Song of I features Sophie Hunger on co-vocals. The most outright piece of electronica on the album, its a song of addiction and possession. I know I keep harping on about this, but PLAY THIS SONG LOUD IN 5.1. The hidden in the stereo mix vocal elements and sequencers counter playing with the live strings are a joy to hear in the 5.1 mix.

“I give it up, I give it all up”

The subject matter of Detonation is pretty much self-explanatory. Another piece of mainly dark electronica that soon mutates into a full band performance. An album highlight, with my favourite instrumental passage being the breakdown as the signature 80s conga percussion, Roland Orzabel-alike rhythm guitar and bass line that I was sure was Nick Beggs but isn’t sees out the track.

Album closer Song of Unborn features the recent SW band minus Mr Beggs and has the album’s strongest, and most direct, lyrics. The arrangement is given a deeper emotional edge by the use of a choral section provided by Synergy Vocals.

“Now the time that is gone doesn’t matter to anyone”

It’s the nearest to the sound of recent albums, and a reminder that SW does album closing songs so well.

So there is much to enjoy on To The Bone, but I really would recommend the 5.1 mix, which is available on blu-ray. The deluxe edition, which is now sadly unavailable, also contains some very good unreleased songs (particularly A Door Marked Summer and Ask Me Nicely) and alternative mixes as well as a hardback book with some great pictures and detailed background to the creation of To The Bone. So if you can track down a copy, it will be a worthwhile purchase.

I hope you enjoy the album.

Buy To The Bone on CD from Amazon

Buy To The Bone vinyl on Amazon

Buy To The Bone [Blu-ray] on Amazon





Tim Bowness – Songs From The Ghost Light

14 08 2017

Songs-from-the-Ghost-Light

Songs From The Ghost Light is a companion release to Tim Bowness’s Inside Out label albums, Abandoned Dancehall Dreams (2014), Stupid Things That Mean The World (2015) and this years wonderful Lost In The Ghost Light.

The 34 minute mini-album is available in limited quantities on CD & vinyl from Burning Shed, and as a download from Tim’s Bandcamp page.

Stupid Things That Mean The World (chamber version) is a stark re-imagining of the 2015 track. Stripped of the albums guitar and drums, piano and strings underpin the vocals, which have a dollop of extra reverb added, making this version a very different beast. A disturbing alternative synth line adds tension to the middle section of the song.

The live version of The Warm-Up Man Forever (the studio version appears on Abandoned Dancehall Dreams) features a stunning drum performance from Andrew Booker and a wonderful Experiment IV-like guitar line from Michael Bearpark. As an advert for the Tim Bowness live shows, the non-studio cuts on Songs From The Ghost Light do their job.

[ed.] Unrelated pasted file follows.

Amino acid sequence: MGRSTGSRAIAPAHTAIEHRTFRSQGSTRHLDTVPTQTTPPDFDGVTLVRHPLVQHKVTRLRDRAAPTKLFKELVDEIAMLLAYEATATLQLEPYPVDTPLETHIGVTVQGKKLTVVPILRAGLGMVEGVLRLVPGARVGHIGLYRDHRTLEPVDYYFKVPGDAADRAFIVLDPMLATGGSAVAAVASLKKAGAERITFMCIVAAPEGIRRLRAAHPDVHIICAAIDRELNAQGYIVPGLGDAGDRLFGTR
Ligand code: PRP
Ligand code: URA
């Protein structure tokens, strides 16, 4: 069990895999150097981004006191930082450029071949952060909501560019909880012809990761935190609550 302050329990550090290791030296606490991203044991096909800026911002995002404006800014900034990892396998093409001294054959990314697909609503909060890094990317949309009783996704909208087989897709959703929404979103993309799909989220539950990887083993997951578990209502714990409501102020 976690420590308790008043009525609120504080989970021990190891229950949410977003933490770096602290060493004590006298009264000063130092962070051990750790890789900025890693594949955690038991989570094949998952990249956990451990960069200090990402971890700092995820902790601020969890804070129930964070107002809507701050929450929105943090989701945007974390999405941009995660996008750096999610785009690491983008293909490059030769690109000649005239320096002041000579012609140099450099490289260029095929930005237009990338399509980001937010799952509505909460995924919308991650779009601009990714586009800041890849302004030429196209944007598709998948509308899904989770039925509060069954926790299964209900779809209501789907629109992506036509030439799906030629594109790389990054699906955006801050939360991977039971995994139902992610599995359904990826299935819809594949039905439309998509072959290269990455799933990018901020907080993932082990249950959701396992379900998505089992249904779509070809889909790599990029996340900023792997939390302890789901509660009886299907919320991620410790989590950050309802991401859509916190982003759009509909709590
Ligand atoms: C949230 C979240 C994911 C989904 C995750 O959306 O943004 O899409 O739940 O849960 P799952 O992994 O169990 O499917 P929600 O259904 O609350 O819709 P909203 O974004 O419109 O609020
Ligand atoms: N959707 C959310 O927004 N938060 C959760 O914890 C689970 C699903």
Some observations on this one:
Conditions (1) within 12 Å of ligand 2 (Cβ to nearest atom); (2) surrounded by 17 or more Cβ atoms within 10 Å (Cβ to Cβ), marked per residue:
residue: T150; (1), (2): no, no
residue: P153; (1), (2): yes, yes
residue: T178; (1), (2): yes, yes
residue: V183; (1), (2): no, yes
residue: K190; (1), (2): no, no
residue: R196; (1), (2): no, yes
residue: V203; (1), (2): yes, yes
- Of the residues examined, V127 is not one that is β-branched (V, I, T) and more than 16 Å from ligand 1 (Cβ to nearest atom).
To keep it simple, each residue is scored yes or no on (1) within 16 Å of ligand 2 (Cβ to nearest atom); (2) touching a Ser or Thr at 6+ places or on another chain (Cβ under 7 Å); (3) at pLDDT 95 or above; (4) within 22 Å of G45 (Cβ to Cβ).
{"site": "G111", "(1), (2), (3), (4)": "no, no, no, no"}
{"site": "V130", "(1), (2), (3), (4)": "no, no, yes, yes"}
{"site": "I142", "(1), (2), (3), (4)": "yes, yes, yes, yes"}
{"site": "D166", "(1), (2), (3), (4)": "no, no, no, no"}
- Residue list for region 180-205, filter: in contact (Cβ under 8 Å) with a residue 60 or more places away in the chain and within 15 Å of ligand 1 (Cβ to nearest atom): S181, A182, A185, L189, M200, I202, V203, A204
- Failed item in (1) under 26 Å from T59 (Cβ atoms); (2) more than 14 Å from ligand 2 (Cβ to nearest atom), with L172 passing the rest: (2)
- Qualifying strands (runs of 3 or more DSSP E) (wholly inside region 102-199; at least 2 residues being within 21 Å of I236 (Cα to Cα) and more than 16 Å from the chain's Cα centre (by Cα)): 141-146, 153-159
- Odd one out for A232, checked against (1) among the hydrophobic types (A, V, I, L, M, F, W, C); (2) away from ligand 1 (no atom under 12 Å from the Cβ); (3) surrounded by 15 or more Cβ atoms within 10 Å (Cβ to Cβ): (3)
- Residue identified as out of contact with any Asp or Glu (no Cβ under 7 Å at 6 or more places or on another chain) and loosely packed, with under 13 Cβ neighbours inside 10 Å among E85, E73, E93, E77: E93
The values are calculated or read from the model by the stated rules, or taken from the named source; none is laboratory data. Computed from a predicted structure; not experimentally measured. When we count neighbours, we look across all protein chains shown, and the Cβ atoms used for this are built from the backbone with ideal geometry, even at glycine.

No Longer The One is a reworked, much less proggy version of the Henry Fool rarity Pills in the Afternoon. A more expansive guitar line and a richer arrangement and production take one of Tim’s finest hidden pieces to new heights. Its my favourite track on this mini-album.

Some T-bo trivia – No Longer The One was lyrically altered to work with the Moonshot / Jeff Harrison story. Expect an angry tweet from the ageing old Putin worhsipping Moonshotter soon!

Once A Record is a mutated piece of mellotron madness built from The Great Electric Teenage Dream. Whispers, off-kilter and digitally twisted vocals and dark electronics bubble under the surface of a track that would not have sounded out-of-place on David Bowie’s 1. Outside.

Next up is a live version of The Great Electric Teenage Dream. The version on Songs From The Ghost Light is faithful to the times I have heard the song live at recent Bowness shows. Its a powerful performance, with brutal guitar lines.

The polar opposite is The Sweetest Bitter Pill (chamber version). I prefer this take to the version previously released in 2014. Strings and mid-70s sounding lead synth lines push the songs melody to the fore.

The final live song is Abandoned Dancehall Dreams Dancing For You. One of Tim’s saddest songs of nostalgia and regret, Dancing For You is presented here in a moving live performance. A fine synth solo from Stephen Bennett drives the song to its conclusion.

Giancarlo Erra (Nosound/Memories Of Machines) contributes piano to the album’s closing track Lost In The Ghost Light (giallo), as well as mixing and mastering the album. Kit Watkins adds flute and ‘Heartbeat’ percussion to the discordant re-birth of what was already the most menacing piece on this years wonderful Lost In The Ghost Light album.

“Is there more?”

No Longer The One, The Sweetest Bitter Pill (chamber version) and Lost In The Ghost Light (giallo) actually surpass their original incarnations as far as I am concerned. Songs From The Ghost Light works well as a companion to Tim’s successful Inside Out era albums, making you return to the originals whilst working well as an album in its own right.

Stupid Things That Mean The World (chamber version)